Scavenging in the Central Valley Dump
It’s nine in the morning, and one of the dump trucks just dropped off a nearly full five-gallon bucket of sherbet in the heart of the sprawling Río Azul dump.
The buzos, or scavengers, gather around like hungry puppies fiendishly competing for a mother’s tit. Some use halves of twoliter Coke bottles to scoop out their share of the bright tangerine substance, which is a sharp contrast to the grimy scene around it.
Once they’ve had their share, they go back to work,where each heaping delivery of trash is pounced upon like airdropped emergency supplies in a devastated war zone.
A dump truck pulls up and lifts its hatch. Buzos gather around and wait behind it, moving about anxiously. Like working out a boisterous mechanical bowel movement, the truck squeezes out eight tons of its waste innards at them. The dump truck pulls away, and buzos mount the mound of refuse it leaves behind, pulling out broken umbrellas, hamburgers, shirts and mystery bags.
It’s like taking an every-man-for-himself game of King of the Mountain and adding the danger of heavy machinery and countless health hazards. Only it’s more real, because this is no game – it’s how they eat.
“The men get up on the trucks and get the food. It’s good stuff. A woman can’t grab anything,” said Angela Cano, one of more than a dozen women who work as buzos at the dump.
Nearby, a woman roots through a pile of red bags fresh from the hospital. They contain medical waste, and have labels on them that read “dangerous waste.” Pedro Bolaños, 33, who started working here at age 13, said he was once rooting around in the trash and pulled out his hand with a needle stuck in it.
Lucrecia Zúñiga, the landfill administration’s spokeswoman, later told The Tico Times that “in theory” medical waste shouldn’t be arriving at the dump, and clients bringing trash should inform the dump ahead of time about any potentially dangerous materials so they can be put in an area separate from where recyclers work.
She said many dumpers are unaware or negligent of the rules, but added that the dump administrator “can’t review the trash bag by bag.”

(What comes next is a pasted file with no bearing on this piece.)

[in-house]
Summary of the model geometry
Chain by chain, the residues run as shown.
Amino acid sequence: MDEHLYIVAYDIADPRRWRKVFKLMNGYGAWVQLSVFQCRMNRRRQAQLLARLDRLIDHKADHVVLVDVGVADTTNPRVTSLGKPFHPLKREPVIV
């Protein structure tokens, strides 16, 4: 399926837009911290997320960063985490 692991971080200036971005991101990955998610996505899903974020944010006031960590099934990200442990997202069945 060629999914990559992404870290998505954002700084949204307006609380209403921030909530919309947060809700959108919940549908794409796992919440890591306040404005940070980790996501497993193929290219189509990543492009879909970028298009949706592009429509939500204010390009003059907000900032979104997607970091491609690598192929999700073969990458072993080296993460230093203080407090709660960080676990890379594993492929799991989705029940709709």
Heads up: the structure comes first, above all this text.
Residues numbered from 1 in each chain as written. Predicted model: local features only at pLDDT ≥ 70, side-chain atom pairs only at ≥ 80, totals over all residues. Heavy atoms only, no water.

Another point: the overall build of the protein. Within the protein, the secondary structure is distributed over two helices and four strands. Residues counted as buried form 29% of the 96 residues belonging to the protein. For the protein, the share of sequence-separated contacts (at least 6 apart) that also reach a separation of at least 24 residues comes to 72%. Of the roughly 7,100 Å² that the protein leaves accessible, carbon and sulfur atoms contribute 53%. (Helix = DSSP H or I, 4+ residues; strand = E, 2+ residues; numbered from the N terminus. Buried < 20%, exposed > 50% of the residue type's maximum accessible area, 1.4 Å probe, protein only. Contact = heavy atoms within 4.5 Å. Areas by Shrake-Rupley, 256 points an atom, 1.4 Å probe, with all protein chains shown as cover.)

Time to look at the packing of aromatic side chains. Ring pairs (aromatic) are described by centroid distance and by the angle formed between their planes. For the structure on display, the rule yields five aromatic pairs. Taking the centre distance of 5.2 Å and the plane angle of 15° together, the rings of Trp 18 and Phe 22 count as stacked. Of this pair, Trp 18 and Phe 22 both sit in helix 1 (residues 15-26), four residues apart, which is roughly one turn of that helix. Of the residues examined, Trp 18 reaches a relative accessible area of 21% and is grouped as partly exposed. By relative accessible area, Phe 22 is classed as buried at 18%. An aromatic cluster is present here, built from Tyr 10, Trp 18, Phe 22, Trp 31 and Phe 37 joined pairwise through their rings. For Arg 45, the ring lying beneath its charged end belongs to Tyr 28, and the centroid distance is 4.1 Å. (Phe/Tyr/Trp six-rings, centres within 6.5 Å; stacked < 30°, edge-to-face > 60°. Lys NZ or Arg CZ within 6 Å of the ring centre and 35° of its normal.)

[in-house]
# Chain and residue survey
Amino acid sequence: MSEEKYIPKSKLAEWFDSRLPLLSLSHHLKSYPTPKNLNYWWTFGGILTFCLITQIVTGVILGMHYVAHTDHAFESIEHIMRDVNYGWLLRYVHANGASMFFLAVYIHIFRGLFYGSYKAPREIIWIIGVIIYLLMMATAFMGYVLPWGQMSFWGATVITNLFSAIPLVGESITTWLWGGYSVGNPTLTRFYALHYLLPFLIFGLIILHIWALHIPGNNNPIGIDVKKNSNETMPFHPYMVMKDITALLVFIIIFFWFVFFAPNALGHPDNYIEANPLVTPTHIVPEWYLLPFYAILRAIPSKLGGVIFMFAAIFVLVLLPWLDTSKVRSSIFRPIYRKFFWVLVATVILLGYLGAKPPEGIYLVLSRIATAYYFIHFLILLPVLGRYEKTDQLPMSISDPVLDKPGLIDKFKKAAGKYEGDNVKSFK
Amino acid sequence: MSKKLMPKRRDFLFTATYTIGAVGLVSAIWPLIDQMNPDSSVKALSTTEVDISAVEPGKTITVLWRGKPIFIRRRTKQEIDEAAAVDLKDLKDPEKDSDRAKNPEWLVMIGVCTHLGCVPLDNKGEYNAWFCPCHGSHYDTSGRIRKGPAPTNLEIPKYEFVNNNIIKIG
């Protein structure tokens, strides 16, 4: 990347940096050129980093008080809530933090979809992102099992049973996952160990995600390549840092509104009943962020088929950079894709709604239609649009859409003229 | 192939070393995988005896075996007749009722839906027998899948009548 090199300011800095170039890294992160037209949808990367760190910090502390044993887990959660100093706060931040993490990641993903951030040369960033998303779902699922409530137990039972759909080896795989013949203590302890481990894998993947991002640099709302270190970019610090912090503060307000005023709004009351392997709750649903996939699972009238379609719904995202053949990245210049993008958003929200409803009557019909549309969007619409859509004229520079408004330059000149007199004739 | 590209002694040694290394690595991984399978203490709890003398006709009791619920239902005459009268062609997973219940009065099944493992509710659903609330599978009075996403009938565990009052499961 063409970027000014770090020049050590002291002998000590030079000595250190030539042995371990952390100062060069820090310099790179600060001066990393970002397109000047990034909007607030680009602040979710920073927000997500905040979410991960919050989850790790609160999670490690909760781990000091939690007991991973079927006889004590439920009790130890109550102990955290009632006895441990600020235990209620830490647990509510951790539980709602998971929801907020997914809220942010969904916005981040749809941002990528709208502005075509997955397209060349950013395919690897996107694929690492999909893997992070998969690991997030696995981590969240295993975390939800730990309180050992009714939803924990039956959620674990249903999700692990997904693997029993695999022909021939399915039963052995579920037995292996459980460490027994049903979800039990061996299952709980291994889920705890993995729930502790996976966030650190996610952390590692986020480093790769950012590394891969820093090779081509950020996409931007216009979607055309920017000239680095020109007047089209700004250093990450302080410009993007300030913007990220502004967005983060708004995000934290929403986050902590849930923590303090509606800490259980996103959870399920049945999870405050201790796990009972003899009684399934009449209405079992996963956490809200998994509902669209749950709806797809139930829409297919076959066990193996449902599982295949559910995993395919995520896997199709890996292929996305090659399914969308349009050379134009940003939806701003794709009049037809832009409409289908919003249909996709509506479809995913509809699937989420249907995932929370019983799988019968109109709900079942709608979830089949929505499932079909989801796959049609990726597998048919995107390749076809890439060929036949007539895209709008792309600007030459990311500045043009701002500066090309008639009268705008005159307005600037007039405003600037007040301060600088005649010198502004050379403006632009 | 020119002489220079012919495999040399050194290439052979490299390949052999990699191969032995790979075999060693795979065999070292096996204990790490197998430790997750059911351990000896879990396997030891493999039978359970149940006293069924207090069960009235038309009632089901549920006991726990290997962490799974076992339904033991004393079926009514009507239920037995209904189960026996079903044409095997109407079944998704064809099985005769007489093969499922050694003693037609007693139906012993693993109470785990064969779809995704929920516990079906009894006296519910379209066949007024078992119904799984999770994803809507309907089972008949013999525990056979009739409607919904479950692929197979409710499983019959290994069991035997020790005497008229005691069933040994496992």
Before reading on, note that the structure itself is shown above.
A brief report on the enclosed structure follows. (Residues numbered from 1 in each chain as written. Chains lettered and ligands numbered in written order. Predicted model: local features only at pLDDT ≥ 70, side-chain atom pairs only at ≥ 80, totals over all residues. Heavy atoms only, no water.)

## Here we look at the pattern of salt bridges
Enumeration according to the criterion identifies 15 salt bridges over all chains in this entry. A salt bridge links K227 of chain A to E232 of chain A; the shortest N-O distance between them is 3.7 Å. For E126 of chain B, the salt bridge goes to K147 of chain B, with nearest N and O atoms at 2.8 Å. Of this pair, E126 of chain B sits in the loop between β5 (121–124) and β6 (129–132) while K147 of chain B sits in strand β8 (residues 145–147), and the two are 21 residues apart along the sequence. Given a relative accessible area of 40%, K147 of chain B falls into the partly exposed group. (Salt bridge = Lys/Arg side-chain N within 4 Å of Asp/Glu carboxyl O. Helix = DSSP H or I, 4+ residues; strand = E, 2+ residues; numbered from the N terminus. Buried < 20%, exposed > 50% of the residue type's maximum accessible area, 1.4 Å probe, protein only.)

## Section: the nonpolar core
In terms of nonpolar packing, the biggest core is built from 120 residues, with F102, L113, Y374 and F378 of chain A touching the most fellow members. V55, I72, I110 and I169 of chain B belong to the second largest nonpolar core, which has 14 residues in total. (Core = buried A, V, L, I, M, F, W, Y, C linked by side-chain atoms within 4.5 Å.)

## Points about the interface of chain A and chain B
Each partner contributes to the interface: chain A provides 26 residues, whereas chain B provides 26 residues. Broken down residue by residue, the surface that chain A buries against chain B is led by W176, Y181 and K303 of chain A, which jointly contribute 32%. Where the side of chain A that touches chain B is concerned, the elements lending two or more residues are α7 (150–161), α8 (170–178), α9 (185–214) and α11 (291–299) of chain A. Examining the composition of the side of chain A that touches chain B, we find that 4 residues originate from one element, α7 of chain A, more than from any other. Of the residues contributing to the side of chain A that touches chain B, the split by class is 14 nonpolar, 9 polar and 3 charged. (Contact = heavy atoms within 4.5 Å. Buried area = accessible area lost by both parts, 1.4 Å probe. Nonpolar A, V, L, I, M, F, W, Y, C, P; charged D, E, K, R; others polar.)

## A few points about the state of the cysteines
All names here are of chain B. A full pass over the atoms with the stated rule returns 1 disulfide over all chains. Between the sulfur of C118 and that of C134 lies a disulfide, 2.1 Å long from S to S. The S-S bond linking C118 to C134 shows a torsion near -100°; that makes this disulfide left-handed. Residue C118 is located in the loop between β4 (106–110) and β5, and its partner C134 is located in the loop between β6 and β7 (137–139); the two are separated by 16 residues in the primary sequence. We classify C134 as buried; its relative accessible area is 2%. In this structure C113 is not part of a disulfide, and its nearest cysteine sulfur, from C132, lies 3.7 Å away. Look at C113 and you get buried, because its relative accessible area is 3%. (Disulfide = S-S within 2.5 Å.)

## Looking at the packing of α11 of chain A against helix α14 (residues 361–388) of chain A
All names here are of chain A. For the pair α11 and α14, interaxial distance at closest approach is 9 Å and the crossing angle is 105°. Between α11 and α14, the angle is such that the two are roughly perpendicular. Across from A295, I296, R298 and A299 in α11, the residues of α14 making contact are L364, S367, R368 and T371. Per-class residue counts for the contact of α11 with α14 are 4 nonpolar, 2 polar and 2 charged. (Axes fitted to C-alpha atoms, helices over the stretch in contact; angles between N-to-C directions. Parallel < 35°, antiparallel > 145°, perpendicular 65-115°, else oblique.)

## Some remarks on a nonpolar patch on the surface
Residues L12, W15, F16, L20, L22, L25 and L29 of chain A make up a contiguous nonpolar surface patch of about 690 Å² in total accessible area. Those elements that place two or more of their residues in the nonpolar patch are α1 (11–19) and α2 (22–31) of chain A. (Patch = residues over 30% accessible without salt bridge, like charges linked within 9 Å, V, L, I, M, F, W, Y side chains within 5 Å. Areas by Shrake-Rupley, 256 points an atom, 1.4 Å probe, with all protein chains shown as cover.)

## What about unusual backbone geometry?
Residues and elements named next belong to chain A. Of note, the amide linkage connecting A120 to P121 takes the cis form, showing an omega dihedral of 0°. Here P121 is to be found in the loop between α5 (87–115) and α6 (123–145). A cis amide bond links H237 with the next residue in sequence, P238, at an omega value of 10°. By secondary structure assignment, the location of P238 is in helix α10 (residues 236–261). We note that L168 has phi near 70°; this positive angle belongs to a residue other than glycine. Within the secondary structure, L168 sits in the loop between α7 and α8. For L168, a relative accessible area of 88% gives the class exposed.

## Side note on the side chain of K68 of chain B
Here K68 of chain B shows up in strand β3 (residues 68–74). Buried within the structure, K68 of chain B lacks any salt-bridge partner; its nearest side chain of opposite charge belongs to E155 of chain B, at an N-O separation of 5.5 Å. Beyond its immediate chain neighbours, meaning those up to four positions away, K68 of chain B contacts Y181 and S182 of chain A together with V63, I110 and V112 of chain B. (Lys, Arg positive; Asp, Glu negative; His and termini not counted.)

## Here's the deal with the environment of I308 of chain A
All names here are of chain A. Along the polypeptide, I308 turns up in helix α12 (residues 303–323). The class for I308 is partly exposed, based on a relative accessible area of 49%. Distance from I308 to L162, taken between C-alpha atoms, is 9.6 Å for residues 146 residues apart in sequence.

For buzos, the enemies are dust and wind and putrid rot and syringes and toxic juices and rats and pitiless sun.
Groaning mammoth metal beasts cast shadows across them and the sea of waste in which they labor. The machines wouldn’t hesitate to bury them in junk if they’re not careful. It’s happened before.
A yellow monster with giant wheels caked in trash nearly runs over one woman. It prompts José Zamora, also known here as “Galleta,” to tell the tale of his recent run-in with a back-end loader.
“They call me ‘Iron Man’ now,” said Zamora, who wears sunglasses and a beanie. “I don’t blame the driver.”
The driver, who no longer works here, apparently didn’t see Zamora before he ran over his leg and fractured it. The buzo spent a month in the hospital.
Up on the hill above the pit of trash where workers labor, a bee suckles a lone flower that has popped up out of the trash near a pond of toxic sludge. A golden dog chases a spotted one between workers and trucks, and mounts it.
One worker is wearing a pizza box. He ripped a hole out of the middle and put it on his head as a makeshift sombrero.
A gust of wind comes and picks up pieces of trash and sends them twisting in a twirl of airborne waste. As the squint-inducing sun bombards the hill with light, it’s impossible to tell the difference between wind-tossed trash and scavenging birds.
“It’s nice because the wind blows the heat away,” said leathery-faced buzo Victor Marín, 42. “We don’t have any sunscreen. When you’re poor, sunblock is expensive.”
When the wind picks up like this, workers get more infections. The sun splits their lips, for example, and the wind kicks up the rot and dirt into their cuts, said Xinia Madrigal, who was standing on the outskirts of the dump with swollen, infected lips.
Around 1 p.m. buyers start trickling in with their trucks to purchase paper, aluminum and other recyclables from workers.
They wait in the shade beneath garbage bags propped up on long sticks while the buzos rest on the outskirts of the dump and prepare to turn in their day’s collections. They’ll pawn off their recyclables to buyers, but they keep the riches for themselves.
A woman goes through her goods in a cardboard box: a stuffed raccoon, an old wallet and some toy soldiers.
“The best is chicken, there’s lots of it,” said Juvenal Herrera, standing over a bag full of fried chicken, his chest puffed with pride and arms swaying heavy with hubris like a hunter towering over a kill.
The buzos collect on their day’s work, and the landfill’s bald face lends a panoramic view of the sunset over the smoggy Central Valley.
The afternoon turns lazy as the workers trudge down the hill into their homes in Tirrases, a slum at the bottom of the hill where residents either rummage around in trash for a living or are related to someone who does.
“We don’t have titles like engineers or anything like that,“ said Carlos Porras, “But we are.We’re engineers of trash.”
Río Azul buzos face an unclear future as the landfill closure looms.
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